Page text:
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Let's say that I have a population of Mus musculus in the lab. I divide it in a control group and a test group. The test group is constantly subjected to a stress (example: elevated UV radiation). Both groups are allowed to reproduce for 20 generations. I want to fully characterize and compare what changed in each offspring (control vs test group) by using omics. The objective is then to integrate all these information in a new database with the pathways that change and by what magnitude.

  1. Should I use genomics or/and exomics or/and epigenomics?
  2. If I do one of the above and proteomics, why could I need the transcriptomics for?
  3. Would the metabolomics, which are mainly punctual measures, add any valuable information?

This is a purely didatic exercise.

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closed as too broad by WYSIWYG, jarlemag, Chris, AndroidPenguin, jonsca Mar 16 at 22:35

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Should I use genomics or/and exomics or/and epigenomics?

Depends on what you want to look at. Whole genome sequencing will give you all the mutations. If you are interested only in the coding part of the genome then you can go for exome sequencing. Though, exome sequencing will save your time and resources considerably, you may lose out a lot of relevant information from the non-coding and regulatory part of the genome.

Epigenomics is a very broad term. There are several aspects to it. You can go for the DNA methylome, Nucleosome positioning, or ChIP-Seq for Histone modification/variants.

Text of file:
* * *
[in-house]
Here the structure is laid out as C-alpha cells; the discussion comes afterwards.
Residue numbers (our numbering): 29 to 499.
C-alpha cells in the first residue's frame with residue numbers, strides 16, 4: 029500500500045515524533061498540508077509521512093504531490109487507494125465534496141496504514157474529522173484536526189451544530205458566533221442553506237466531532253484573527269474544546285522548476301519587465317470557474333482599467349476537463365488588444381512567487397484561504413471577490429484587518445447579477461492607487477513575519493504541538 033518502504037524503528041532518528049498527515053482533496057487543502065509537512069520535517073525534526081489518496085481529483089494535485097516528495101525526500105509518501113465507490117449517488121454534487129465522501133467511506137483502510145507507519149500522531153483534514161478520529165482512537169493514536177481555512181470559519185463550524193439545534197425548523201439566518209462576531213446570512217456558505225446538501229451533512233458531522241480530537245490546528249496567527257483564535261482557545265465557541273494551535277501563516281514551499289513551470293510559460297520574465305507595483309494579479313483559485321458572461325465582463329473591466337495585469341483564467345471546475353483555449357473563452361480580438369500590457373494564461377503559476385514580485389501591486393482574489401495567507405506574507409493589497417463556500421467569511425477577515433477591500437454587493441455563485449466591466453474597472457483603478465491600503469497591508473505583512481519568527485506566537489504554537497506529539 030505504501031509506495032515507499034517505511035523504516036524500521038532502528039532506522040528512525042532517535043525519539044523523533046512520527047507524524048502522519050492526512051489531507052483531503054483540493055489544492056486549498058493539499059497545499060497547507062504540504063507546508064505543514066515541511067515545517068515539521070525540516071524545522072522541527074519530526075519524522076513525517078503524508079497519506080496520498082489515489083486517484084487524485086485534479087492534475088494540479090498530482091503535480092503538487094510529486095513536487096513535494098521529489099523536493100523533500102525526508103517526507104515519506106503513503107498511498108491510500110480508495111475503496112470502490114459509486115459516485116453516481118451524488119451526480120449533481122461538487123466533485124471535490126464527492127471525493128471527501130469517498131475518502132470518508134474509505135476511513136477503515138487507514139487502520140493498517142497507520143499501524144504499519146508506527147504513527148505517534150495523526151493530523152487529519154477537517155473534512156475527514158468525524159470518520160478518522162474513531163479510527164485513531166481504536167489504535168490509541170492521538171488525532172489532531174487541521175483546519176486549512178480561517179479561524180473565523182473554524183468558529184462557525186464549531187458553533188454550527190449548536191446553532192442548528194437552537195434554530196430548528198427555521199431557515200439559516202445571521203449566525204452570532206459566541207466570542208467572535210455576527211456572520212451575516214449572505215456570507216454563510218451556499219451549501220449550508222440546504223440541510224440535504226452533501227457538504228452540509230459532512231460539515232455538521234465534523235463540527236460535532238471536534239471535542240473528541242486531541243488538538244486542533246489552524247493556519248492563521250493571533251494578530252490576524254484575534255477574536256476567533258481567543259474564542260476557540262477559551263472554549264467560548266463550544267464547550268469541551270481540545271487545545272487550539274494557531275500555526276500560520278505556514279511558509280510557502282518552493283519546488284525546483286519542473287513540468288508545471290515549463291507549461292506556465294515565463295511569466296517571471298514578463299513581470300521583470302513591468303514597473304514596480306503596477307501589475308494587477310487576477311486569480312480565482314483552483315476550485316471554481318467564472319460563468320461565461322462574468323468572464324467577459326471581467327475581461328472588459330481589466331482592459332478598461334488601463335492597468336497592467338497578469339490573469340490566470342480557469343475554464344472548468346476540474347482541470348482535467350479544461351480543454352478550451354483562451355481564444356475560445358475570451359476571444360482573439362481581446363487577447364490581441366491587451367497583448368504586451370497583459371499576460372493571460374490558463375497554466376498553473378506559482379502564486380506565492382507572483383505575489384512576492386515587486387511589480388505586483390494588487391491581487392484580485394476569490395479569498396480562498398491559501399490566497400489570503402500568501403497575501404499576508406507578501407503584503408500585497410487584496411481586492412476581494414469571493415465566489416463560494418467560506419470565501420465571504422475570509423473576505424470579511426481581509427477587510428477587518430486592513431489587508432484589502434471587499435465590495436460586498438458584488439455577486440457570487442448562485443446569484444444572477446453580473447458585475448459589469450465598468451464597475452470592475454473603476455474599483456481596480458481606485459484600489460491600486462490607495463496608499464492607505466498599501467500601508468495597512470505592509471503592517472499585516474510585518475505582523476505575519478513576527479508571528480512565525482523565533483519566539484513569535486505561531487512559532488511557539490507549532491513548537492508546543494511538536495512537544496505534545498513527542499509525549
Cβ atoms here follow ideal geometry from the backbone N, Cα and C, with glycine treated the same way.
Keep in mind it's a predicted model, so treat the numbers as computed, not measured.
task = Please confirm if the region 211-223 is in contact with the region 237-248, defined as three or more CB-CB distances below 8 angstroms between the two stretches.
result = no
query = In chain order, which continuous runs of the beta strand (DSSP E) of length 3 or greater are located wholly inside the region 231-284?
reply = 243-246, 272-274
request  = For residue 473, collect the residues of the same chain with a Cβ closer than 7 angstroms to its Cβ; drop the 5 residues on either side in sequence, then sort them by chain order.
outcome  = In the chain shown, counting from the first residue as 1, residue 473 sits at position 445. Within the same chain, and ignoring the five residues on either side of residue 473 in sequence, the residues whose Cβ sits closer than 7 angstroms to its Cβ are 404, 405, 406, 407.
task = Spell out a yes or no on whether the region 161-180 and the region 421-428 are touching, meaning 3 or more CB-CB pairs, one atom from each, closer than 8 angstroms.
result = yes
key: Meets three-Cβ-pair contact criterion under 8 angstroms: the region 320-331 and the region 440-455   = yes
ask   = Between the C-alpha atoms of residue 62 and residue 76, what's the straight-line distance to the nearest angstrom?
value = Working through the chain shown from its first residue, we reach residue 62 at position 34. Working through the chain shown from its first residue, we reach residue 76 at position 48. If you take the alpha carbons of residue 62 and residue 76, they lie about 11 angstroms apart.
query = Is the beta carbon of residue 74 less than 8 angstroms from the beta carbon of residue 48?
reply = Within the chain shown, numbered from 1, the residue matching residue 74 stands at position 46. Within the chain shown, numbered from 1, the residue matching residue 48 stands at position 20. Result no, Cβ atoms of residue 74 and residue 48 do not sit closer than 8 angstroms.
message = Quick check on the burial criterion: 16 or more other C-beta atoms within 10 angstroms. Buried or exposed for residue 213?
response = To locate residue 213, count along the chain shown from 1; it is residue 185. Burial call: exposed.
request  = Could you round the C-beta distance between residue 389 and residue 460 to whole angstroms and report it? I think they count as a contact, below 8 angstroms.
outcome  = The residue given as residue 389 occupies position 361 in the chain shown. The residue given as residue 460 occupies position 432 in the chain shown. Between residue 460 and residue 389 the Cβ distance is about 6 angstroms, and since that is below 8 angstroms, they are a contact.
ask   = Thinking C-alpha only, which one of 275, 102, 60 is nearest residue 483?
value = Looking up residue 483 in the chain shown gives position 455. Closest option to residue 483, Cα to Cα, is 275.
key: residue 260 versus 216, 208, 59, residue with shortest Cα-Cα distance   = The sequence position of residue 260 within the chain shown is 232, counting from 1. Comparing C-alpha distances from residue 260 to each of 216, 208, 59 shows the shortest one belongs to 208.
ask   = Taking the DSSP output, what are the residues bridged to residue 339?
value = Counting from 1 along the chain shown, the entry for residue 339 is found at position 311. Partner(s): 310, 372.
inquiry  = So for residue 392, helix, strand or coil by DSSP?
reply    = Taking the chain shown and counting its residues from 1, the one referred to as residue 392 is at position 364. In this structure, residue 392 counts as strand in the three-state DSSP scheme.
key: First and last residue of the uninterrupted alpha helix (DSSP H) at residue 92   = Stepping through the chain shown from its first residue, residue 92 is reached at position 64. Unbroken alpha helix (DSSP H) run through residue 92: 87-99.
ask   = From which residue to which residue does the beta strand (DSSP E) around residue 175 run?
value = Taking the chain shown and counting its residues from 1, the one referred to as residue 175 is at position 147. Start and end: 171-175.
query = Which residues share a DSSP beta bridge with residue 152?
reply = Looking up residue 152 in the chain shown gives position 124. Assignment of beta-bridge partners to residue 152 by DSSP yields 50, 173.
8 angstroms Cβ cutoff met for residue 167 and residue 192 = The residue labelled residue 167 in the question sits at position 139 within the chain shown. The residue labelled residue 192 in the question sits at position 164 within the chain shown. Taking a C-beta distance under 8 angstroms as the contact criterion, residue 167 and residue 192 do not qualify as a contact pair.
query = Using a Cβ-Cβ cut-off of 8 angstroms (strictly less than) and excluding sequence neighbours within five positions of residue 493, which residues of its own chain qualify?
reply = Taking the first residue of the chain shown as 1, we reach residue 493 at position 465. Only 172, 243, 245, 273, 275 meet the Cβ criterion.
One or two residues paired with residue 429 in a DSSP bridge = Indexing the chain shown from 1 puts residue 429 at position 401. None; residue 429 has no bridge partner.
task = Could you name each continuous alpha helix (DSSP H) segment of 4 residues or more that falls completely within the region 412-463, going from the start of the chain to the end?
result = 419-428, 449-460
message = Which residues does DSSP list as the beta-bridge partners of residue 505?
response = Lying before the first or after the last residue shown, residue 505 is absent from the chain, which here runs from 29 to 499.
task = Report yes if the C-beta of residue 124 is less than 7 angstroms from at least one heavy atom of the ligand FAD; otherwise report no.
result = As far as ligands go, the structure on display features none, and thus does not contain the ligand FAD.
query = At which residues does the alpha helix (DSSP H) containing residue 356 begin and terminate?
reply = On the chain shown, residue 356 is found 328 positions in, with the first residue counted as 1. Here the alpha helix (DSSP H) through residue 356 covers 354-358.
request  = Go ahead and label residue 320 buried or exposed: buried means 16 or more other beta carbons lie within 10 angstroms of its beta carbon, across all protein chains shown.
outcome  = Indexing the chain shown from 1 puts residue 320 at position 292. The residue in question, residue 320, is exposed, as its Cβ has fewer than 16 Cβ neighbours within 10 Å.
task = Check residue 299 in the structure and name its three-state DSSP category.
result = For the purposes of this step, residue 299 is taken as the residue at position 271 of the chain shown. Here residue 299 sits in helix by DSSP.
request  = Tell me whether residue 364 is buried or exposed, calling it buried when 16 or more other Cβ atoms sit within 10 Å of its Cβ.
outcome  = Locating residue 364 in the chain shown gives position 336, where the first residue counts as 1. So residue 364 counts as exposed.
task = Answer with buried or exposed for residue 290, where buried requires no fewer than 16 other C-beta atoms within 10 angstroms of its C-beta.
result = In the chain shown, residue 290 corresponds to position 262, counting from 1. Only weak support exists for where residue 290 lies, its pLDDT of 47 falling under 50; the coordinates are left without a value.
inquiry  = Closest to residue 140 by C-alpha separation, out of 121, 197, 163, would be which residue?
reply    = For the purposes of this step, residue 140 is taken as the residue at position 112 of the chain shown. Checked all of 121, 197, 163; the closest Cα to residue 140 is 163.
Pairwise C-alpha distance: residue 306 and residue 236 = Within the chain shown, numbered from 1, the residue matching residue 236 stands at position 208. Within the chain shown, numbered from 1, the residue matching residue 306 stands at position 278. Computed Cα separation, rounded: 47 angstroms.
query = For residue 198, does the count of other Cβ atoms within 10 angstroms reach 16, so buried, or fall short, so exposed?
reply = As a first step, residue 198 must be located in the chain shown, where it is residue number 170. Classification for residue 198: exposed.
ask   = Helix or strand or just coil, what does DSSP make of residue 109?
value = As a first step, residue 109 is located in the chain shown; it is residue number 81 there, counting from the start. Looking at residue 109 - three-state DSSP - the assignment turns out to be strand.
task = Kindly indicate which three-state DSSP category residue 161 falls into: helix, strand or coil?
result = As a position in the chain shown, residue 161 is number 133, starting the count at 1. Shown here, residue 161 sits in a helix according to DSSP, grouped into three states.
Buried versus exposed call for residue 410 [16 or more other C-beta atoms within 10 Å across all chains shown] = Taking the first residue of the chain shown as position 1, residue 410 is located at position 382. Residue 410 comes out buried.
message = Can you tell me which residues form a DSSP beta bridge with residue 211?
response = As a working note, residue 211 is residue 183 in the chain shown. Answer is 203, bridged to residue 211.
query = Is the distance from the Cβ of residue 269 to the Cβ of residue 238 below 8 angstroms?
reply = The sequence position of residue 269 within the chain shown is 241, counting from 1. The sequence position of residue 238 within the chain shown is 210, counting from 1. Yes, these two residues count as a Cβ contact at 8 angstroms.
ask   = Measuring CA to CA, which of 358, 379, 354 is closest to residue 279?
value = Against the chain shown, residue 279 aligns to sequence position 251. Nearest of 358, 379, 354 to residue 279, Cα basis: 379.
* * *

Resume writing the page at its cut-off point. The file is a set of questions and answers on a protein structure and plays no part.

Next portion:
I would suggest that if you can afford it then go for whole genome sequencing. Next choice would be exome sequencing. Once you have these data it might be relevant to add the third layer of DNA methylome.

If I do one of the above and proteomics, why could I need the transcriptomics for?

  1. Transcriptomics is easier and better standardized than proteomics. There are also many good analysis tools.
  2. There are several ncRNA, which has been shown to play important role in cellular homeostasis and gene regulation. You will miss out those.
  3. You will save money. The reagents used for the transcriptomics experiments are the same as the ones used for the genomics experiments. Proteomics is a different domain altogether. You might need to look for collaborators.

Would the metabolomics, which are mainly punctual measures, add any valuable information?

Sure, they do add information. Whether of great value or not depends on the study that you are carrying out. For e.g if you are studying the role of stress in diabetes then doing a metabolomics study may be of great value.

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Fantastic answer. Thank you. –  DGB Mar 15 at 11:04
    
Small note.. Do exome if you don't have money/resources for WGS.. else do WGS. –  WYSIWYG Mar 15 at 13:35
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